By Jess Wertheim, REA Intern
I’m a sucker for posters—I just can’t get enough of them. It’s rare that I walk down the streets of New York without pausing to look at a poster. The truth is, not everyone has an appreciation for posters, an appreciation for the art, the typography, the idea, the message, and time that goes into making a poster. It’s not just an ad or a sign. Poster design is an art.
Ever wonder what happened to the art of poster ads? The vivid, bold colored graphics of abstract images or the drawing of the everyday person depicted in everyday activity. Many of today’s ads are filled with celebrity faces and bodies,
chiseled and primed, digitally enhanced, defect-free, touched-up and packaged. Got Milk? Need a camera? If it’s good enough for Christie Brinkley and Ashton Kutcher, it must be worth buying. Even the fictional Geico caveman has achieved celebrity.
One type of poster art that always catches my eye is the music poster. Whether a simple or intricate design, music posters have evolved without simply relying on the celebrity image.
The following are a few of the many influential and memorable music poster artists:
Jules Cheret: Jules Cheret is a very well-known graphic design poster artist from the 1800’s. He is recognized for his famous three stone process, which gave printers the ability to produce all colors. His work often featured a single, attractive, elegant woman dancing in order to depict the ambiance of the belle époque. His art actually enticed people to come to see the shows. In 1884, Cheret organized the first ever group exhibition of posters and in 1886 published the first book on poster art. In 1890, Cheret was awarded the Legion of Honour by the French government, a reflection of the advancements in art he had made.
Stanley Mouse: Turning to more recent history, Stanley Mouse is a poster artist most famous for his Grateful Dead Posters that he created alongside Alton Kelley. They teamed up as well to create posters for The Family Dog, the group that organizes live concerts at the Avalon Ballroom. Mouse and Kelley would often work alongside one another (one was left-handed, the other right-handed). Rock-and-roll music was in the foreground and background of the political and cultural revolution of the ‘60s era; and music was a catalyst that brought people and protests together. The Mouse-Kelley art captured that mood and spirit.
“Kelley had the unique ability to translate the music being played into these amazing images that captured the spirit of who we were and what the music was all about,” said the Grateful Dead drummer Mickey Hart.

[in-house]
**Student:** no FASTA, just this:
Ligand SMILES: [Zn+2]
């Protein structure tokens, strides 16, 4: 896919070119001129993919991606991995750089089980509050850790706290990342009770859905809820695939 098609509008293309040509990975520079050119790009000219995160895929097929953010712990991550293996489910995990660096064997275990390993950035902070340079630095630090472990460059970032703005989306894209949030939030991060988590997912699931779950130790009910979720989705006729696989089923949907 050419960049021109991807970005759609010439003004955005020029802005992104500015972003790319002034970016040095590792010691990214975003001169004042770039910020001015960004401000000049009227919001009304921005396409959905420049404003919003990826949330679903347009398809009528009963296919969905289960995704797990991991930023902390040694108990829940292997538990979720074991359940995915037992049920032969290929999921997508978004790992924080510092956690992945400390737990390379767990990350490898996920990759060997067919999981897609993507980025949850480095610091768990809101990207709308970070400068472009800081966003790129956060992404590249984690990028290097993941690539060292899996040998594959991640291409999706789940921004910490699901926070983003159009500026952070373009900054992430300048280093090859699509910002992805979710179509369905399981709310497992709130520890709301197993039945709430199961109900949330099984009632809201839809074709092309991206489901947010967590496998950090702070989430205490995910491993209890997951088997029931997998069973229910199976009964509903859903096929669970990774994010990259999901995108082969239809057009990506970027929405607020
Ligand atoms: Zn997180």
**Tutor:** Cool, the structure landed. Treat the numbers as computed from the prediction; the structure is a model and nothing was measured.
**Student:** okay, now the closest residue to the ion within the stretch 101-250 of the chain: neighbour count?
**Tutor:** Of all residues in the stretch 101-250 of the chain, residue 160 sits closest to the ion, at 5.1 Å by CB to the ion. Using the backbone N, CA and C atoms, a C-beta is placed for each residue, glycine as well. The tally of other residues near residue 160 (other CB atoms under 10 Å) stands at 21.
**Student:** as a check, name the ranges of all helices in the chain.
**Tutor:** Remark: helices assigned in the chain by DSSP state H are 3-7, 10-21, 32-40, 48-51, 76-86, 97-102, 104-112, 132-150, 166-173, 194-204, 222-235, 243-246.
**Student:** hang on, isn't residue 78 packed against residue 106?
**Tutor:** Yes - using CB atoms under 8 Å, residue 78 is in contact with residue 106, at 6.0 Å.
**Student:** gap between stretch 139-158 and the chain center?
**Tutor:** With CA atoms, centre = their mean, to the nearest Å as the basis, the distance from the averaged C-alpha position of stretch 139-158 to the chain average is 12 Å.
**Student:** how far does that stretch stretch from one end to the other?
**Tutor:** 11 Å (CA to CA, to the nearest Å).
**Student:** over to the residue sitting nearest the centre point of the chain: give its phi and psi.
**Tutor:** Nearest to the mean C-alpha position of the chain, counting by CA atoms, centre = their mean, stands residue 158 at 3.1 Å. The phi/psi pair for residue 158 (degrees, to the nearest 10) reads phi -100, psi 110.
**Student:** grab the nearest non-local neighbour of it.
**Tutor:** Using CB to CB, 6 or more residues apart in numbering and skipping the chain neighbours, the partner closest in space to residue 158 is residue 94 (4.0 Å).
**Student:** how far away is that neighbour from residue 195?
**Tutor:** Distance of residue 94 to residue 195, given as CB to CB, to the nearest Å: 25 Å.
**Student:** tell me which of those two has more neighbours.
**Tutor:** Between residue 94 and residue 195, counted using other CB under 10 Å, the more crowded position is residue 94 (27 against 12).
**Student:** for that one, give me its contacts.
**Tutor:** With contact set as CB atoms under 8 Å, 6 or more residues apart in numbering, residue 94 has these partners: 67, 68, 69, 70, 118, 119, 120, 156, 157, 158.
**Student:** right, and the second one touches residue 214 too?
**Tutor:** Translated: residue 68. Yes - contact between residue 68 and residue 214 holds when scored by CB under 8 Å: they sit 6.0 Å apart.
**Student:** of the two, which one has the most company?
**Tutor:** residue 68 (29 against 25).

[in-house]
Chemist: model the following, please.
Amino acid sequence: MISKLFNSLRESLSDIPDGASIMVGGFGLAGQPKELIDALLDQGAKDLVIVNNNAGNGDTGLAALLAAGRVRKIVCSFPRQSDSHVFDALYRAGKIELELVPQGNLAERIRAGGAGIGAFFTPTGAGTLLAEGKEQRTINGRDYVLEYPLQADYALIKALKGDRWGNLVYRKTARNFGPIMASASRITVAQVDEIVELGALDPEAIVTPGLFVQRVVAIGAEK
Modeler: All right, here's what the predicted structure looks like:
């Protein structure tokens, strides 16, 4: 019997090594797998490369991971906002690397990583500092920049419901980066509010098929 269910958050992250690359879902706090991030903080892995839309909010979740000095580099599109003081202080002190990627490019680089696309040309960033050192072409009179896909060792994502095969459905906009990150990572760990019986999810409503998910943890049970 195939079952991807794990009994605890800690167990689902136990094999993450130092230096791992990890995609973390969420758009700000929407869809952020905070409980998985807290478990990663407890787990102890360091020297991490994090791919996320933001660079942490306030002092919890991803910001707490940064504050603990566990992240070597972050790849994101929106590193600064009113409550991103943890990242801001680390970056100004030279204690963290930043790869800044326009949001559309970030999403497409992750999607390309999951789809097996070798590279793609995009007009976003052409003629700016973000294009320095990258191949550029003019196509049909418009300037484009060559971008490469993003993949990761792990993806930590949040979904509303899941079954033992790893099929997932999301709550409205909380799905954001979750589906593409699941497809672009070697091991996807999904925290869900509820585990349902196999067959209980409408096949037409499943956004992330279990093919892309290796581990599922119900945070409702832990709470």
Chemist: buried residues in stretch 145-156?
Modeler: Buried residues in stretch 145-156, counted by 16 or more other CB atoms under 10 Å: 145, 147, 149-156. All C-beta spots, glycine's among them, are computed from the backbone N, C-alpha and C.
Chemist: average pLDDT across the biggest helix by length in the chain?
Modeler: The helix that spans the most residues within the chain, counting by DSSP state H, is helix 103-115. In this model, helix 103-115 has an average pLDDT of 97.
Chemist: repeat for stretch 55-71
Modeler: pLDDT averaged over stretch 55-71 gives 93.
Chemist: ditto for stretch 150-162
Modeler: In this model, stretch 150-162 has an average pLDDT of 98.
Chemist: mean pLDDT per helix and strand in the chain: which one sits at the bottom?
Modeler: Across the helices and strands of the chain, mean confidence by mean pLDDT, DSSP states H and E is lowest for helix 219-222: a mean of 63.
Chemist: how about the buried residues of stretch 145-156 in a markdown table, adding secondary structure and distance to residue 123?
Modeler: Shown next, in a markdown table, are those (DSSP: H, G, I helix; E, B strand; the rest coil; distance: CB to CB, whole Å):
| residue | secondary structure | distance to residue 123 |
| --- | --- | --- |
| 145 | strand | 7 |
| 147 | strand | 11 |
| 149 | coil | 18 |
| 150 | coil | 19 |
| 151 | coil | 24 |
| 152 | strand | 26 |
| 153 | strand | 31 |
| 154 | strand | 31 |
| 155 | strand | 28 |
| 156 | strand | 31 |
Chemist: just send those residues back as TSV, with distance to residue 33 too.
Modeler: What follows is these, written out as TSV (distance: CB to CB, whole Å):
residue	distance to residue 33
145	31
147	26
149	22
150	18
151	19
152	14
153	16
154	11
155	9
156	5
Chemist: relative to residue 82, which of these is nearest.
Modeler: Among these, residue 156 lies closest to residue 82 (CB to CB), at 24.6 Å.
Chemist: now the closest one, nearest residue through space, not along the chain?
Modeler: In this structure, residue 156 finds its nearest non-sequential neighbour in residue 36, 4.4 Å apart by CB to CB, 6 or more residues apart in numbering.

Bonnie MacLean: In the late ‘60s, poster artist Bonnie MacLean obtained her inspiration from the shows at the Fillmore where she collected tickets, handed out programs, and counted money. In addition, she also did the hand lettering on the chalkboard for upcoming shows, which eventually led to her poster creations. MacLean often depicted women in a deep stare in combination with 60’s style lettering. Her bright colors and wavy typography are reminiscent of the times.
Wes Wilson: Around that same time, Wes Wilson helped establish the psychedelic rock poster. His art is directed at and made for a specific audience: those that are familiar with the psychedelic experience. Wilson’s style, particularly the exaggerated hand lettering, developed as a result of his personal familiarity with the psychedelic experience. The influential typography that Wilson used was originated from the Vienna Secessionist lettering.
Jim Pollock: More recently, Jim Pollock first began making pen and ink posters for the band Phish when they were an unknown small group at the University of Vermont. He has maintained a close relationship with the band, and has continued making posters for them as well as other bands. He is known for his brightly colored linoleum cuts.
Tripp Shealy: Today, Tripp Shealy is a fairly well known poster artist in the live music scene from Boulder, Colorado. His prints tend to be reminiscent of the ‘60’s: geometrical, colorful, and trippy.
As Wayne Coyne, the lead singer of the Flaming Lips, said, “Rock posters have hypnotic powers. Maybe it’s the different dimensions of the lettering, or maybe it’s the colors the artists use, or maybe it’s because of some strange, unintentional miracle in their design, but I’ve believed in them and have wanted to leap (into their world) and infuse myself with them.”